Old Permic
Komi-Zyryan alphabet, created by St. Stephen of Perm. The alphabet is transposed with the names in Cyrillic and the modern Komi alphabet.
Script type
Time period
1372–17th century
DirectionLeft-to-right Edit this on Wikidata
Related scripts
Parent systems
ISO 15924
ISO 15924Perm (227), ​Old Permic
Unicode alias
Old Permic
Final Accepted Script Proposal

The Old Permic script (Komi: Важ Перым гижӧм, 𐍮‎𐍐𐍕 𐍟𐍔𐍠𐍨𐍜 𐍒𐍙𐍕𐍩𐍜, Važ Perym gižöm), sometimes known by its initial two characters as Abur or Anbur, is a "highly idiosyncratic adaptation"[2] of the Cyrillic script once used to write medieval Komi (a member of the Permic branch of Finno-Ugric languages).[1]


The script was introduced by a Russian missionary, Stepan Khrap, also known as Saint Stephen of Perm (Степан Храп, св. Стефан Пермский), in 1372. The name Abur is derived from the names of the first two characters: An and Bur. The script derived from Cyrillic and Greek, with Komi "Tamga" signs, the latter being similar in the appearance to runes or siglas poveiras because they were created by incisions rather than by usual writing. The inclusion of the latter aided the script to greater acceptance among the medieval Permic speakers of the time.

The script was in use until the 17th century, when it was superseded by the Cyrillic script. Abur was also used as cryptographic writing for the Russian language.

April 26, which is the feast day of Stephen of Perm, is celebrated as Old Permic Alphabet Day.


Wikipedia logo in Old Permic and Cyrillic script

The Abur inscriptions are among the oldest relics of the Uralic languages. Only one of them has earlier documents: Hungarian, which had been written using the Old Hungarian script first before the Latin script was used after 1000.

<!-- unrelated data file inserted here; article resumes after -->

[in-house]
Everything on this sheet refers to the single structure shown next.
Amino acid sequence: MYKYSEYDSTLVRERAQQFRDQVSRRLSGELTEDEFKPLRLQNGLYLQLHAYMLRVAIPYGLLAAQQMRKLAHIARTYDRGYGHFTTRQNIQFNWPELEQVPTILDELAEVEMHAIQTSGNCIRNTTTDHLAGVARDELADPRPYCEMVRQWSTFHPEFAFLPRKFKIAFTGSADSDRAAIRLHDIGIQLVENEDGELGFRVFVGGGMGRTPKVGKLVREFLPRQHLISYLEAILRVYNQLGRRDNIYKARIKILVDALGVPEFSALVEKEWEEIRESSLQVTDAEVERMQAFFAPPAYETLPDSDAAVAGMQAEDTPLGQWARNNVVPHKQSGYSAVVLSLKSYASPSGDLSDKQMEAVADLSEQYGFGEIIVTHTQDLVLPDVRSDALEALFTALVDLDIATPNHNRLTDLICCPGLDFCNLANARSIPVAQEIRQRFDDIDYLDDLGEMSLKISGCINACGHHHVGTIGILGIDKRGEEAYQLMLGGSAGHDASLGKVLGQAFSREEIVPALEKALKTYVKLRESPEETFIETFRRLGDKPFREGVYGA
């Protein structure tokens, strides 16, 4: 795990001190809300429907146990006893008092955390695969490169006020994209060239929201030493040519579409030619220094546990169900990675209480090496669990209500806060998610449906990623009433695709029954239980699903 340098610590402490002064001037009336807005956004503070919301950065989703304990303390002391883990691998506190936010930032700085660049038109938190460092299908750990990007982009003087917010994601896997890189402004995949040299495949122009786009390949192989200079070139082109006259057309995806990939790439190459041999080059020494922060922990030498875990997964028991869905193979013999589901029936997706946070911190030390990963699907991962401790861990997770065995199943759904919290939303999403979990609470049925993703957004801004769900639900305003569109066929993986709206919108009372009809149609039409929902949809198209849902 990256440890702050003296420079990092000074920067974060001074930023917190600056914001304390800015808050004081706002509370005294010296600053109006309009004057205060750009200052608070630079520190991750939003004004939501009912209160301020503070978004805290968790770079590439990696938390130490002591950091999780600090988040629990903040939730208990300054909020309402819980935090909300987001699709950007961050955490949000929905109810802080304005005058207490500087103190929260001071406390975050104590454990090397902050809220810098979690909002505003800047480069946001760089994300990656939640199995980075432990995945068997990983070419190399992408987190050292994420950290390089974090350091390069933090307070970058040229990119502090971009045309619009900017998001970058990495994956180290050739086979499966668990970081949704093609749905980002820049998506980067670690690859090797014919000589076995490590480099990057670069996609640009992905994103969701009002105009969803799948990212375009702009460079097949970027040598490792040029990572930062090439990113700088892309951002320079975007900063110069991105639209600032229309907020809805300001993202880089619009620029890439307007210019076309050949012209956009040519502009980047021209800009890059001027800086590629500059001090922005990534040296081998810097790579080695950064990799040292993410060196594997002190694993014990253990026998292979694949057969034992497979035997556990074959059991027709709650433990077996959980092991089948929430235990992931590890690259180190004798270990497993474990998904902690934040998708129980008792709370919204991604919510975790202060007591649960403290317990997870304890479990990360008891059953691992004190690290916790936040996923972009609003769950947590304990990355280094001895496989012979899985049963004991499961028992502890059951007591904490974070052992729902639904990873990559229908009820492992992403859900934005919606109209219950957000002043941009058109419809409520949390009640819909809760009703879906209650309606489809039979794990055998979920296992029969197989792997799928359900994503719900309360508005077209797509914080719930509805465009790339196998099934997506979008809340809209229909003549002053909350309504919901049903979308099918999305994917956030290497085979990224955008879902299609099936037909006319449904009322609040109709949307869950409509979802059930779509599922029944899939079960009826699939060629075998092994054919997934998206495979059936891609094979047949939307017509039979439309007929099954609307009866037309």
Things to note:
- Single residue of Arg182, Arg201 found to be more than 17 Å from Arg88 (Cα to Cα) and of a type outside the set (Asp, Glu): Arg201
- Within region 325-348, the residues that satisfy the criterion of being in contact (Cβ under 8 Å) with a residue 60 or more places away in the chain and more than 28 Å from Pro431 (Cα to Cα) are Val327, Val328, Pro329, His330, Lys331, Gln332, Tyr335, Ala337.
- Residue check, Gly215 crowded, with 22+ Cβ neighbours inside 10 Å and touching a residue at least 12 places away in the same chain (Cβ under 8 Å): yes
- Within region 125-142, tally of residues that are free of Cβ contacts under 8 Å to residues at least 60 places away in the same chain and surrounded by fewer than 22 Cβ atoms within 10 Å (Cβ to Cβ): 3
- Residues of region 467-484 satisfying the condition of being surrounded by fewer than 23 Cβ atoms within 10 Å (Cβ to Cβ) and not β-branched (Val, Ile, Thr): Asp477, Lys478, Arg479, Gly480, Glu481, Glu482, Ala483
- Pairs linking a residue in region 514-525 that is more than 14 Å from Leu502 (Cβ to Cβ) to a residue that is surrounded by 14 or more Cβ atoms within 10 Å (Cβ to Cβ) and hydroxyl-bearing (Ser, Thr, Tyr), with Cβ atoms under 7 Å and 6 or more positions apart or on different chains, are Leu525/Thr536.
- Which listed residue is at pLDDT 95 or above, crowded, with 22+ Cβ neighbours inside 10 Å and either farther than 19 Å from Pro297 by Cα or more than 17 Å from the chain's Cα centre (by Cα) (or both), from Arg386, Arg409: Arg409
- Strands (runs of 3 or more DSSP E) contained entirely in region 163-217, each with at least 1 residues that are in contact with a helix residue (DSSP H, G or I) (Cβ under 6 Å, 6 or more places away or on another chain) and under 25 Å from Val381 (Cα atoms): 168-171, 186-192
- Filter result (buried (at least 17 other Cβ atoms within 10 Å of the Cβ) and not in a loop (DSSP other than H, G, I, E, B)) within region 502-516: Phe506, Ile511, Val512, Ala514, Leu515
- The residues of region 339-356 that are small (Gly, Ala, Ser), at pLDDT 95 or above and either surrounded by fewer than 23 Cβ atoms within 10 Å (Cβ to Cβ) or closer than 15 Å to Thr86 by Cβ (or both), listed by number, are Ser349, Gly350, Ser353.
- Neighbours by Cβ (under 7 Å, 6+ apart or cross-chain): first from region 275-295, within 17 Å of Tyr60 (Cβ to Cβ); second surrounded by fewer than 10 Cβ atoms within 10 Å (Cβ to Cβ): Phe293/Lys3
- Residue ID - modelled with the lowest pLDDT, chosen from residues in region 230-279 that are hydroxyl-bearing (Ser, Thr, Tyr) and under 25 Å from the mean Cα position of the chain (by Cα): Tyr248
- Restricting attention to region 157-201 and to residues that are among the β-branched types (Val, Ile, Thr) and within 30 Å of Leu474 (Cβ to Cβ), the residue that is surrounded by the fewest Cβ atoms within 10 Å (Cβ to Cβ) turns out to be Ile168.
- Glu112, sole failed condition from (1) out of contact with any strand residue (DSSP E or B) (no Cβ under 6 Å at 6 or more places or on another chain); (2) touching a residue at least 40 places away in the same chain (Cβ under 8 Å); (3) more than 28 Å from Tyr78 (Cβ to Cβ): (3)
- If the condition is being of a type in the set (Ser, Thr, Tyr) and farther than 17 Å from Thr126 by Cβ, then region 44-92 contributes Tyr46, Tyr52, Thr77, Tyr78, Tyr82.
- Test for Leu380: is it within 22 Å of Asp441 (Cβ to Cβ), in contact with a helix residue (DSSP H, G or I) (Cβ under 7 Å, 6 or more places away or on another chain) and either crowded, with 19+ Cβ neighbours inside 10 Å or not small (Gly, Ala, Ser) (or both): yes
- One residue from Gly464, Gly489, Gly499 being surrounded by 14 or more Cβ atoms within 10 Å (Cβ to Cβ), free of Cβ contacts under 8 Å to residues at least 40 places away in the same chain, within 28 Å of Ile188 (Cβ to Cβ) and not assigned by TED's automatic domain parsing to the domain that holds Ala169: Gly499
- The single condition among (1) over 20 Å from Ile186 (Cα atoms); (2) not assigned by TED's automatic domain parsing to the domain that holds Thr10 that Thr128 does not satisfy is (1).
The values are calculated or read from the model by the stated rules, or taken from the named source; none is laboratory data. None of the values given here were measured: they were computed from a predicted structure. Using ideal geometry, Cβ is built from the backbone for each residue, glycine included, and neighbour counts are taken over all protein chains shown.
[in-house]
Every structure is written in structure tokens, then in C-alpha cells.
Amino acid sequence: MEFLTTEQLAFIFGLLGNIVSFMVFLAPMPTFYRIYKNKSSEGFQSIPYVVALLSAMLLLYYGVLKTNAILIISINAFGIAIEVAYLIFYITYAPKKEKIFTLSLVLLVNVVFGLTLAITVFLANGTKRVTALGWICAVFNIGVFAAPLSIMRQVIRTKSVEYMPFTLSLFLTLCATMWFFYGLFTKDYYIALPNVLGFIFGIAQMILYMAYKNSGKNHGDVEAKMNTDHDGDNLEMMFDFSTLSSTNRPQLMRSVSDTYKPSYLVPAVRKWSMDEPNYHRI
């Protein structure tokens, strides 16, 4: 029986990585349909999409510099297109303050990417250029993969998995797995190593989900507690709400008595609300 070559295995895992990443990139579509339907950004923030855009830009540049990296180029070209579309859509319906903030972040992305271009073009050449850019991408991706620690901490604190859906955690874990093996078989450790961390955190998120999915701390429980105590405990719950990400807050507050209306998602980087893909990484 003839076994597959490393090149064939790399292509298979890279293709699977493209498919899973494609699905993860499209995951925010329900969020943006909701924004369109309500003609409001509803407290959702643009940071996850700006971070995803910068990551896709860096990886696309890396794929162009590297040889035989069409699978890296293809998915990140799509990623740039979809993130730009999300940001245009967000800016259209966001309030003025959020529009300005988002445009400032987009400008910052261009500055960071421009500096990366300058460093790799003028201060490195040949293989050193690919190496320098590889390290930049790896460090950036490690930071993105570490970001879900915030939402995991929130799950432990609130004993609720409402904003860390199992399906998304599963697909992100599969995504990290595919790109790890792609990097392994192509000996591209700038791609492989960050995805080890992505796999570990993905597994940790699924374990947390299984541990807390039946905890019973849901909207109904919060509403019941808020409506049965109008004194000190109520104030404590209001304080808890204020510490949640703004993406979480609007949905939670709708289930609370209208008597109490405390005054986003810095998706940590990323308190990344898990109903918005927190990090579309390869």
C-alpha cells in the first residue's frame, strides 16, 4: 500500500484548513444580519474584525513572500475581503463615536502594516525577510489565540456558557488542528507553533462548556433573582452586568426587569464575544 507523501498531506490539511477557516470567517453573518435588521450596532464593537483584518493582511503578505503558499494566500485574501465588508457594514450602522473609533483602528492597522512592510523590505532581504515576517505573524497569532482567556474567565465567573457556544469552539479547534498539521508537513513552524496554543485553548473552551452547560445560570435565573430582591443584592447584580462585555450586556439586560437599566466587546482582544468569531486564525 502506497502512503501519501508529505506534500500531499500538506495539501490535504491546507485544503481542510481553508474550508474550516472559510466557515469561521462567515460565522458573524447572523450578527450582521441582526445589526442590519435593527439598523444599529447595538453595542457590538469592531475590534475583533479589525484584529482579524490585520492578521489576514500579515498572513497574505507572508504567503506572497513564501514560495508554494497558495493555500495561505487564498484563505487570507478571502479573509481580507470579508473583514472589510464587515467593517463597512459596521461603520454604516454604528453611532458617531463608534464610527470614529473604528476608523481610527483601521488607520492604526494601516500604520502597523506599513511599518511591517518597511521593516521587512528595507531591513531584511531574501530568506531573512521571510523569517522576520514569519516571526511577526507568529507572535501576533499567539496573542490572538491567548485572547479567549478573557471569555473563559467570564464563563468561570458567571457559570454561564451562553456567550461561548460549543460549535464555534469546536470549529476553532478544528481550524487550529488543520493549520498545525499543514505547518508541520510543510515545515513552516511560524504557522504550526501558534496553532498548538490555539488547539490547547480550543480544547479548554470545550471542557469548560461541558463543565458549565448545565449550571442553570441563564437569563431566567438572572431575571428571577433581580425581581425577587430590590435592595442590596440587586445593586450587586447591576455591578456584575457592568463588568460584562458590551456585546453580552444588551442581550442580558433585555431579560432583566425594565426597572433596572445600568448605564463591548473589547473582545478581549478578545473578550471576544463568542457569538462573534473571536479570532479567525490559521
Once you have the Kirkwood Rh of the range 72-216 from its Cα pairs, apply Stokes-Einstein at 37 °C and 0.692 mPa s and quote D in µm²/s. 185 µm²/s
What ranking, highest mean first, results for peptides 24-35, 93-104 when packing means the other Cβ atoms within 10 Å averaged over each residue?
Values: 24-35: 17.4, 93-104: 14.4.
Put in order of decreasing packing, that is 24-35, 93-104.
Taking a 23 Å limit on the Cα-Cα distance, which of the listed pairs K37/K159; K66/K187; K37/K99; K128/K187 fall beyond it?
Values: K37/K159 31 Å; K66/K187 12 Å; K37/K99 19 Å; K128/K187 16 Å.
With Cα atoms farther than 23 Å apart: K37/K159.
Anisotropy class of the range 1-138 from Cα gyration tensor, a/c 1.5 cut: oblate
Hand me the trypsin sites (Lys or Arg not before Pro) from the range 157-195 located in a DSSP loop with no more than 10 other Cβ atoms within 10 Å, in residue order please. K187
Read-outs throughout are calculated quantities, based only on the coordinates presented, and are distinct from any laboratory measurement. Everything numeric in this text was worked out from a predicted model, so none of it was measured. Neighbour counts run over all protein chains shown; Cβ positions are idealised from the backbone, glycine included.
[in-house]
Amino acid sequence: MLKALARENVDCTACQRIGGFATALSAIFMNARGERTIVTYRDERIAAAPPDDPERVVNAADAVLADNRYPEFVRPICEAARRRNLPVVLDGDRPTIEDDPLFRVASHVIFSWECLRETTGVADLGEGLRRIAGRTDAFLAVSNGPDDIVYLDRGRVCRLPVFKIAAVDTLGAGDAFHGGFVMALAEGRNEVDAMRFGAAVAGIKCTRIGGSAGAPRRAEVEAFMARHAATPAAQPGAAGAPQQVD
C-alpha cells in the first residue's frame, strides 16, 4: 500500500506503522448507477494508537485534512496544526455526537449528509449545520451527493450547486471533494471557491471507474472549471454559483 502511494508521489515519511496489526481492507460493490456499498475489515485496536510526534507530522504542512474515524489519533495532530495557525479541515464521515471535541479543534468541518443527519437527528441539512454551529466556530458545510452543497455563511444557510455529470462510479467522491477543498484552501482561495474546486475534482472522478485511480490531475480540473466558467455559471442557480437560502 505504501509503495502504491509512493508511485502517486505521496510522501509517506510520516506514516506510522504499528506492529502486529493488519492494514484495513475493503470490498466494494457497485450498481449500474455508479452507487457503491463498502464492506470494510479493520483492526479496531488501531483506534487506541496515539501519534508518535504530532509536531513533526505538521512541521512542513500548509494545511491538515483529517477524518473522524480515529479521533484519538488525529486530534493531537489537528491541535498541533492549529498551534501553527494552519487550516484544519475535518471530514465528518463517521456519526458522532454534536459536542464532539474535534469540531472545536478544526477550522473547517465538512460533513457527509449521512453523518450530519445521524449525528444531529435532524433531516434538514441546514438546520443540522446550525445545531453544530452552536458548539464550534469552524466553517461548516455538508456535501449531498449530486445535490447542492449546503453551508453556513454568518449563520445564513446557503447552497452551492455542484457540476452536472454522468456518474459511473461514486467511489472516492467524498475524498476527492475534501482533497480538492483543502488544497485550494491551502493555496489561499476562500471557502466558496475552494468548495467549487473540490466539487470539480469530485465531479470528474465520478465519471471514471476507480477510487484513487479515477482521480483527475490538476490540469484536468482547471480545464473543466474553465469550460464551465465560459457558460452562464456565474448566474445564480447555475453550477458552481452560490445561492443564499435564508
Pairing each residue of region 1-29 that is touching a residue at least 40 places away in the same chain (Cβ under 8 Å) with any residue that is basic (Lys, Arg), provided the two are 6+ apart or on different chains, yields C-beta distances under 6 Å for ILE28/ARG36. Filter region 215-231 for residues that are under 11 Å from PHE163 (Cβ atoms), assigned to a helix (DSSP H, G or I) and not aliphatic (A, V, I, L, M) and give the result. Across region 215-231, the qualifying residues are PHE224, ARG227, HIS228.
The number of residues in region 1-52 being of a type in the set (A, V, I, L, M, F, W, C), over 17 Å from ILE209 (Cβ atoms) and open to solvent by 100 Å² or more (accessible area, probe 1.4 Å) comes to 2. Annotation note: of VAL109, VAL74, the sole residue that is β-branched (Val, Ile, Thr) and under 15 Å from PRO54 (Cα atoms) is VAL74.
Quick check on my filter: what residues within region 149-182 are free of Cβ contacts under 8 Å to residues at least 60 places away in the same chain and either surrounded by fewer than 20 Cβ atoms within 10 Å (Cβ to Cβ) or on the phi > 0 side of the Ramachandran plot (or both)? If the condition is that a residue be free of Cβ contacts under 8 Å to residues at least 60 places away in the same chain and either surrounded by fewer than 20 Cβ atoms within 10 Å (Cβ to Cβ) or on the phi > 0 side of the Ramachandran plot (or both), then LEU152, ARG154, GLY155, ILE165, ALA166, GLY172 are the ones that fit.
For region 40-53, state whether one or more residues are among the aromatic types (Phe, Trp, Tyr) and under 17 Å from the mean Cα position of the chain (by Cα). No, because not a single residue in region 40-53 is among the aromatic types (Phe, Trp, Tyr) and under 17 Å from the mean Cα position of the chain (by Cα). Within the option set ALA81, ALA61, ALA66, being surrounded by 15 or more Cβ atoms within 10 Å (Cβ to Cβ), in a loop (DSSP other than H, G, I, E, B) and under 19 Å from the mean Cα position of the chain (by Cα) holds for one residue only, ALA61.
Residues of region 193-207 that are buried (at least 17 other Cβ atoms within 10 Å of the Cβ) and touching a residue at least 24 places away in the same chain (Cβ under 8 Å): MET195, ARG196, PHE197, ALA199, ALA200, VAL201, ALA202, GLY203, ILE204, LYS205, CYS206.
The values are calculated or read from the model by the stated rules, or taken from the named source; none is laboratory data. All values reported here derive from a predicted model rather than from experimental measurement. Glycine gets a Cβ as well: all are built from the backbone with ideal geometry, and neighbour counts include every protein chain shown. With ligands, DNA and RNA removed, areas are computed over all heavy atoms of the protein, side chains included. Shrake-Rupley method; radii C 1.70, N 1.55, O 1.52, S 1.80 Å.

For comparison, an isolated birch bark letter, found in Novgorod and written in Cyrillic in a Finnic language, has been dated to the beginning of the 13th century and Finnish as a written language appeared only after the Reformation in 1543.


Lytkin's 1952 work is often considered the authoritative source of documentation for this script.[3] There are 24 primary characters, along with 10 secondary characters that are subordinate to the primary characters. There are also some combining marks that may have been used for phonological purposes, in addition to some combining letters from Latin and Cyrillic that have been found as well. Spaces, middle dots, and semi-apostrophes have also been seen as punctuation in documents. A Cyrillic combining titlo is used to indicate numerals.


See also: Old Permic (Unicode block)

Old Permic (U+10350–1037F) was added to the Unicode Standard in June 2014 with the release of version 7.0.

Old Permic[1][2]
Official Unicode Consortium code chart (PDF)
  0 1 2 3 4 5 6 7 8 9 A B C D E F
U+1035x 𐍐 𐍑 𐍒 𐍓 𐍔 𐍕 𐍖 𐍗 𐍘 𐍙 𐍚 𐍛 𐍜 𐍝 𐍞 𐍟
U+1036x 𐍠 𐍡 𐍢 𐍣 𐍤 𐍥 𐍦 𐍧 𐍨 𐍩 𐍪 𐍫 𐍬 𐍭 𐍮 𐍯
U+1037x 𐍰 𐍱 𐍲 𐍳 𐍴 𐍵 𐍶 𐍷 𐍸 𐍹 𐍺
1.^ As of Unicode version 15.1
2.^ Grey areas indicate non-assigned code points


  1. ^ a b Everson, Michael (2012-04-26). "N4263: Revised proposal for encoding the Old Permic script in the SMP of the UCS" (PDF). Working Group Document, ISO/IEC JTC1/SC2/WG2.
  2. ^ Bernard Comrie, 1996. "Adaptations of the Cyrillic Alphabet". In Daniels & Bright, The World's Writing Systems, p. 700.
  3. ^ Лыткин, В. И. 1952. Древнепермский язык: чтение текстов, грамматика, словарь. Москва